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Williams says F1 risks 'serious damage' over costs

Williams has warned that Formula 1 risks causing 'serious damage' to itself if it does not wake up to the urgency for cost cuts.

With teams still unable to agree on a way forward to bring down budgets - and a divide in the paddock over whether or not a cost cap is the best way of doing it - there is a risk that too little will be done too late.

Williams deputy team principal Claire Williams thinks the situation for the grid is now critical, amid fears that some outfits could be forced out of the sport before enough action is taken.

"As an independent team we've always wanted and will always want cost control in Formula 1 however that comes about," she said, when asked by AUTOSPORT for her views on costs in F1.

"But this conversation has been going on for so long now and we don't seem to have got anywhere, which is really disappointing.

"At the end of the day it is just going to affect the long-term sustainability of our sport and we all have a responsibility to protect our sport - but also protect the teams who have been racing in F1 for a very long time.

"I think we are at a really critical junction now - where if we don't do something about it and take responsibility, then we are going to be causing ourselves some serious damage.

"Williams is working really hard to make sure that we keep pushing and driving the conversation, coming up with proposals that will save costs in F1. But they have to be significant."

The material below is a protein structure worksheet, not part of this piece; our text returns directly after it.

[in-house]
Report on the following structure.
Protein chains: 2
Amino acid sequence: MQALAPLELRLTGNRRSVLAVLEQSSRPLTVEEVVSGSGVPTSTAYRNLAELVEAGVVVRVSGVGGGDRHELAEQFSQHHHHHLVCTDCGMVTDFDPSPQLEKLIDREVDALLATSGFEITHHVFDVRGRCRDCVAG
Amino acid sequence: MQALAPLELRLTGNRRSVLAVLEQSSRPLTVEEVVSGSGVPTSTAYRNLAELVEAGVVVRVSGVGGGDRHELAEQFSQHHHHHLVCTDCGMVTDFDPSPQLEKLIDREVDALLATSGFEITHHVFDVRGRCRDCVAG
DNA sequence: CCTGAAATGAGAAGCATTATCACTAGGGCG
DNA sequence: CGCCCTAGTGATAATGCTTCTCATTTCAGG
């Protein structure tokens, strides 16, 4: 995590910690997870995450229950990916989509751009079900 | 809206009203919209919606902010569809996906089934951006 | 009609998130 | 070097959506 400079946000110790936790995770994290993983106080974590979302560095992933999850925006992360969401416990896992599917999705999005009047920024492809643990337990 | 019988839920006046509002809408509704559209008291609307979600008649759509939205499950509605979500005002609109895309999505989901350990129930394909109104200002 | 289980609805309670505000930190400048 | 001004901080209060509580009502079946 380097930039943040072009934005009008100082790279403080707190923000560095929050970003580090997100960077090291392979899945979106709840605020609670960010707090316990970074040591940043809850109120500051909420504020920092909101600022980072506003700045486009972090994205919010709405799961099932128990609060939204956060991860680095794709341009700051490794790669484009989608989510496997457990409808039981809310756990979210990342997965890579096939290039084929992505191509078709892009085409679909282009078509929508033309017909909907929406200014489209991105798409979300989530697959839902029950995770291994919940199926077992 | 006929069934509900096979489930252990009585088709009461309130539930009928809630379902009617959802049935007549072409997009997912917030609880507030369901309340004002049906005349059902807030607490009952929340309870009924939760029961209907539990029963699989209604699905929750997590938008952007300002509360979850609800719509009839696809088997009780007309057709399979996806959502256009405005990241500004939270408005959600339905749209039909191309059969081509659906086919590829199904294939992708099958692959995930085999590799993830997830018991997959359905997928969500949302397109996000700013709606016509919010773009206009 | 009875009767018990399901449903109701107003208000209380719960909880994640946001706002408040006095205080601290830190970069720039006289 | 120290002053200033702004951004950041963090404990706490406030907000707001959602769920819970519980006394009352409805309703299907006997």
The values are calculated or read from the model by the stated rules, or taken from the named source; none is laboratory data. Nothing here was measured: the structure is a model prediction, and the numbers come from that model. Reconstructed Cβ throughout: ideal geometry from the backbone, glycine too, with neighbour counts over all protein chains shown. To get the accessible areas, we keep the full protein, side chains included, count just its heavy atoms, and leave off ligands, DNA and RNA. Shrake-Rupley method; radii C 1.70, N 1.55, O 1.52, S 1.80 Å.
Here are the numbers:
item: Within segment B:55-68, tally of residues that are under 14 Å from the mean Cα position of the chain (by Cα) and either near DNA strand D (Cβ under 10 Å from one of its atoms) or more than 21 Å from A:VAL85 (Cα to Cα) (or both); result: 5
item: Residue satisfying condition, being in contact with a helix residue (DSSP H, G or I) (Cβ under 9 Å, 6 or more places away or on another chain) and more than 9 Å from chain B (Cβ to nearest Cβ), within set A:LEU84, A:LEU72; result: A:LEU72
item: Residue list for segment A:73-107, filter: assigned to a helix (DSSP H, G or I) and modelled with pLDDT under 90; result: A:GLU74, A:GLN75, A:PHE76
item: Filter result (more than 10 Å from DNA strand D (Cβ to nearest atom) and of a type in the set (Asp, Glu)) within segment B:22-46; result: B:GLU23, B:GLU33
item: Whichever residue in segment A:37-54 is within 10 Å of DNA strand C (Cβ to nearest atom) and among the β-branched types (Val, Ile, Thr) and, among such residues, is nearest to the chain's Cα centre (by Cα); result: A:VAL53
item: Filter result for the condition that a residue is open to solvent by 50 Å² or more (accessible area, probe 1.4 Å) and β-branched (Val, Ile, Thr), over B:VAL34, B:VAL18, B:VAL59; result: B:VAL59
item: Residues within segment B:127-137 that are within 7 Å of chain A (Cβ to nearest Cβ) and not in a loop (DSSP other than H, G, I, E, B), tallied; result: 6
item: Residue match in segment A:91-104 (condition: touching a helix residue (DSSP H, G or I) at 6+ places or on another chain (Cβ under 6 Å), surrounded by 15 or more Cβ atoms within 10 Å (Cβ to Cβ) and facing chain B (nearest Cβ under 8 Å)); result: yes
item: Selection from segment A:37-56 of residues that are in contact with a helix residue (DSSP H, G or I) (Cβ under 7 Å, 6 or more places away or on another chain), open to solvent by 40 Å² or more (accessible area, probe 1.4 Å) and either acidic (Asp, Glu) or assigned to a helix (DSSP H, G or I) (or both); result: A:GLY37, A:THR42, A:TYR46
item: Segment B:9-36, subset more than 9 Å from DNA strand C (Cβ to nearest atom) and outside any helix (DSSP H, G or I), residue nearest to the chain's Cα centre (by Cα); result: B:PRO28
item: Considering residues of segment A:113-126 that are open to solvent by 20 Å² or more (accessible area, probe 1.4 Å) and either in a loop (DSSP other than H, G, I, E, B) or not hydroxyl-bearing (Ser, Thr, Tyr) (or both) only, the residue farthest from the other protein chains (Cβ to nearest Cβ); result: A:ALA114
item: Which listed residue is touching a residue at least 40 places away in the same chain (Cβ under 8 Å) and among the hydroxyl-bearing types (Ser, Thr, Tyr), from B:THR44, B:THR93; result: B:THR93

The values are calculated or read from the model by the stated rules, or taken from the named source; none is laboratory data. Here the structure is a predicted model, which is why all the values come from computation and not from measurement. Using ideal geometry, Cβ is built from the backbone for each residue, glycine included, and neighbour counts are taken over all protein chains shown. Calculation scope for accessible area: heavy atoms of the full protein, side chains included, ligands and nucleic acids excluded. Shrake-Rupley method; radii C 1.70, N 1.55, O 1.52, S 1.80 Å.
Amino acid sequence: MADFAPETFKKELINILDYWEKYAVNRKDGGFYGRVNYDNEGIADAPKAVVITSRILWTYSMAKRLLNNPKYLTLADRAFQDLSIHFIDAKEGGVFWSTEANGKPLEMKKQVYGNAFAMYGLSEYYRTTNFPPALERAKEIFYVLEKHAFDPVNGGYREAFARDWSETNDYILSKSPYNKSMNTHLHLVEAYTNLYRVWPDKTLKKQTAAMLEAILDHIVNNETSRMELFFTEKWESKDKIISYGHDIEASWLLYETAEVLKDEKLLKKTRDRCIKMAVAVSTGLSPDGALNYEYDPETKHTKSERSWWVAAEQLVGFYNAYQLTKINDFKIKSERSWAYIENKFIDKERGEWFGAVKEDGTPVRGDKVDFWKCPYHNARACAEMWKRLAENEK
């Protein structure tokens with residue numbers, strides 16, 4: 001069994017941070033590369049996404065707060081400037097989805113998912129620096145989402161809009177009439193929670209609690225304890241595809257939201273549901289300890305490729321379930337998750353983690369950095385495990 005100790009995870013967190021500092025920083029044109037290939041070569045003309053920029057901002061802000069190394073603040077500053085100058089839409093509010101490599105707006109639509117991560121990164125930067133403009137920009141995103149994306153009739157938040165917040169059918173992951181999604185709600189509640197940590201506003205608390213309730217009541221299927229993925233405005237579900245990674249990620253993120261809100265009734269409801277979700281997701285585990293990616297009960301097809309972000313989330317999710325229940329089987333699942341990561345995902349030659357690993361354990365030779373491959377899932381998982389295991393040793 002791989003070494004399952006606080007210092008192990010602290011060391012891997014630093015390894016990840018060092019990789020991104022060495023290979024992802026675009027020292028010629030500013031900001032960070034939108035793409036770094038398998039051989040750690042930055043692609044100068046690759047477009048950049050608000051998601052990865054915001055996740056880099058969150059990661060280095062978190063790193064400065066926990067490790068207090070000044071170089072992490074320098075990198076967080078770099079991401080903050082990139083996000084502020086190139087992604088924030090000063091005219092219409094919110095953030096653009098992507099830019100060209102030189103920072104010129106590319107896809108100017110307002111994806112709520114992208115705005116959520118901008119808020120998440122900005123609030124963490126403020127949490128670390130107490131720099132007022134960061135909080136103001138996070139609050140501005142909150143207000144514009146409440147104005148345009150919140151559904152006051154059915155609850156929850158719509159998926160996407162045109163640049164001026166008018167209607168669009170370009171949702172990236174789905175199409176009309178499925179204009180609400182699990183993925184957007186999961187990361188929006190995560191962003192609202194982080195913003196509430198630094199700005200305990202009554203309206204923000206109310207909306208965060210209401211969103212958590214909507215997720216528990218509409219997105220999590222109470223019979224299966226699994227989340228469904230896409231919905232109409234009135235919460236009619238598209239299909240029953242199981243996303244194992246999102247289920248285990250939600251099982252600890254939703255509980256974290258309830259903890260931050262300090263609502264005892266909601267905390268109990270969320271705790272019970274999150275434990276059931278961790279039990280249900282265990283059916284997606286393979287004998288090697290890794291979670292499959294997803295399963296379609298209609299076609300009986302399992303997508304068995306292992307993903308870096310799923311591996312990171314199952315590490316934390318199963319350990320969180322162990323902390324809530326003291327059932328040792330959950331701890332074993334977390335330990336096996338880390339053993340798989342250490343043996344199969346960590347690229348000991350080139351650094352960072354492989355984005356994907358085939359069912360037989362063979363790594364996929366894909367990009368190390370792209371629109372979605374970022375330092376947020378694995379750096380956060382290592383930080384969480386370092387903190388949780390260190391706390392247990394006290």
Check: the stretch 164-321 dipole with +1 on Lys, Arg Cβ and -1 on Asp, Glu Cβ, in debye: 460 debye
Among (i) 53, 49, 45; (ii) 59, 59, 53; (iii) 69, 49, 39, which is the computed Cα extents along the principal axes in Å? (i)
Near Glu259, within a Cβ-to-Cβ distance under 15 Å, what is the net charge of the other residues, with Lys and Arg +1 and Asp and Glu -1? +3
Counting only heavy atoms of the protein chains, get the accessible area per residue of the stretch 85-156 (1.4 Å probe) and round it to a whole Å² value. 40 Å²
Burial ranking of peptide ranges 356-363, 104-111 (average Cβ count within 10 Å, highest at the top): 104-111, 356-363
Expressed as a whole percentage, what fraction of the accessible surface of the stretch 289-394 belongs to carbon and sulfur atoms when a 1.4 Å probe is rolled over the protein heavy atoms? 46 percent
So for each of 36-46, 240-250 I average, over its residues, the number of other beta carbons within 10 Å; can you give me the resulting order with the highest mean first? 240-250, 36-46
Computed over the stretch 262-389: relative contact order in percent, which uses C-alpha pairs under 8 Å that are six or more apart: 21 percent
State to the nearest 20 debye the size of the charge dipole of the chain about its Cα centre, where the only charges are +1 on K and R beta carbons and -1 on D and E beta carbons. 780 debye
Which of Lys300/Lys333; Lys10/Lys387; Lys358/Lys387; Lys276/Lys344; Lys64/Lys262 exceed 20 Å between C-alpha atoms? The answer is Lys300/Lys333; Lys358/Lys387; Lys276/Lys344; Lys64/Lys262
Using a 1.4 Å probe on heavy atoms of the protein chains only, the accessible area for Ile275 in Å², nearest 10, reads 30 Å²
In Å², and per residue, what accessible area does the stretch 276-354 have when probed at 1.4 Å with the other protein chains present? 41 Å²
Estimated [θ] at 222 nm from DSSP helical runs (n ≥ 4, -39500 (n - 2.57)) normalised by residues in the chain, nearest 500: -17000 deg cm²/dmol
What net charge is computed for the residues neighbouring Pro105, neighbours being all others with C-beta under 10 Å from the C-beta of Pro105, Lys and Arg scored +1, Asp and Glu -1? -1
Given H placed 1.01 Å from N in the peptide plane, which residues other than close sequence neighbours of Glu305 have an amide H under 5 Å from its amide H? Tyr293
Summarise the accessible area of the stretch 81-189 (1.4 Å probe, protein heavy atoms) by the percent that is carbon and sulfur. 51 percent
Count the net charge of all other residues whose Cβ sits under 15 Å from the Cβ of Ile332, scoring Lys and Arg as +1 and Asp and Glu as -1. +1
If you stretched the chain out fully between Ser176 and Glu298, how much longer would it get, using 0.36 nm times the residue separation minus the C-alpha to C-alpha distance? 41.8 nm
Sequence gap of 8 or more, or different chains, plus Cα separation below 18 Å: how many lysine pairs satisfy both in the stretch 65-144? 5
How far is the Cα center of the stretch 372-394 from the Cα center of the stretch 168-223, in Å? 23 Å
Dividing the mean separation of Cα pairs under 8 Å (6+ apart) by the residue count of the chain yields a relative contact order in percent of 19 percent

Revealed: Formula 1's new cost-cutting plan

Williams understands why some teams still think a cost cap is the best way forward, but she is also realistic to understand that the resistance from big outfits to impose it means there is little prospect of it happening.

"There are teams that are against the cost cap, and that is fine," she explained. "In an ideal world we would all like a cost cap.

"But no one - and certainly not the [big] teams - is going to agree to a cost cap that will bring significant turnaround to a team like us. So you will not win that debate.

"So what is the next thing we can do? Well that is looking at the technical and sporting regulations to see if we can drive down costs through those, and that piece of work is still going on.

"I don't think we have reached an answer on that and it takes a lot of diligence, without it affecting the DNA of the sport.

"We want to see cost control, whatever that comes from, but it has to be significant, and we all have duties as the Strategy Group, F1 Commission or FIA to try to bring costs down in F1, as it is not just sustainable."

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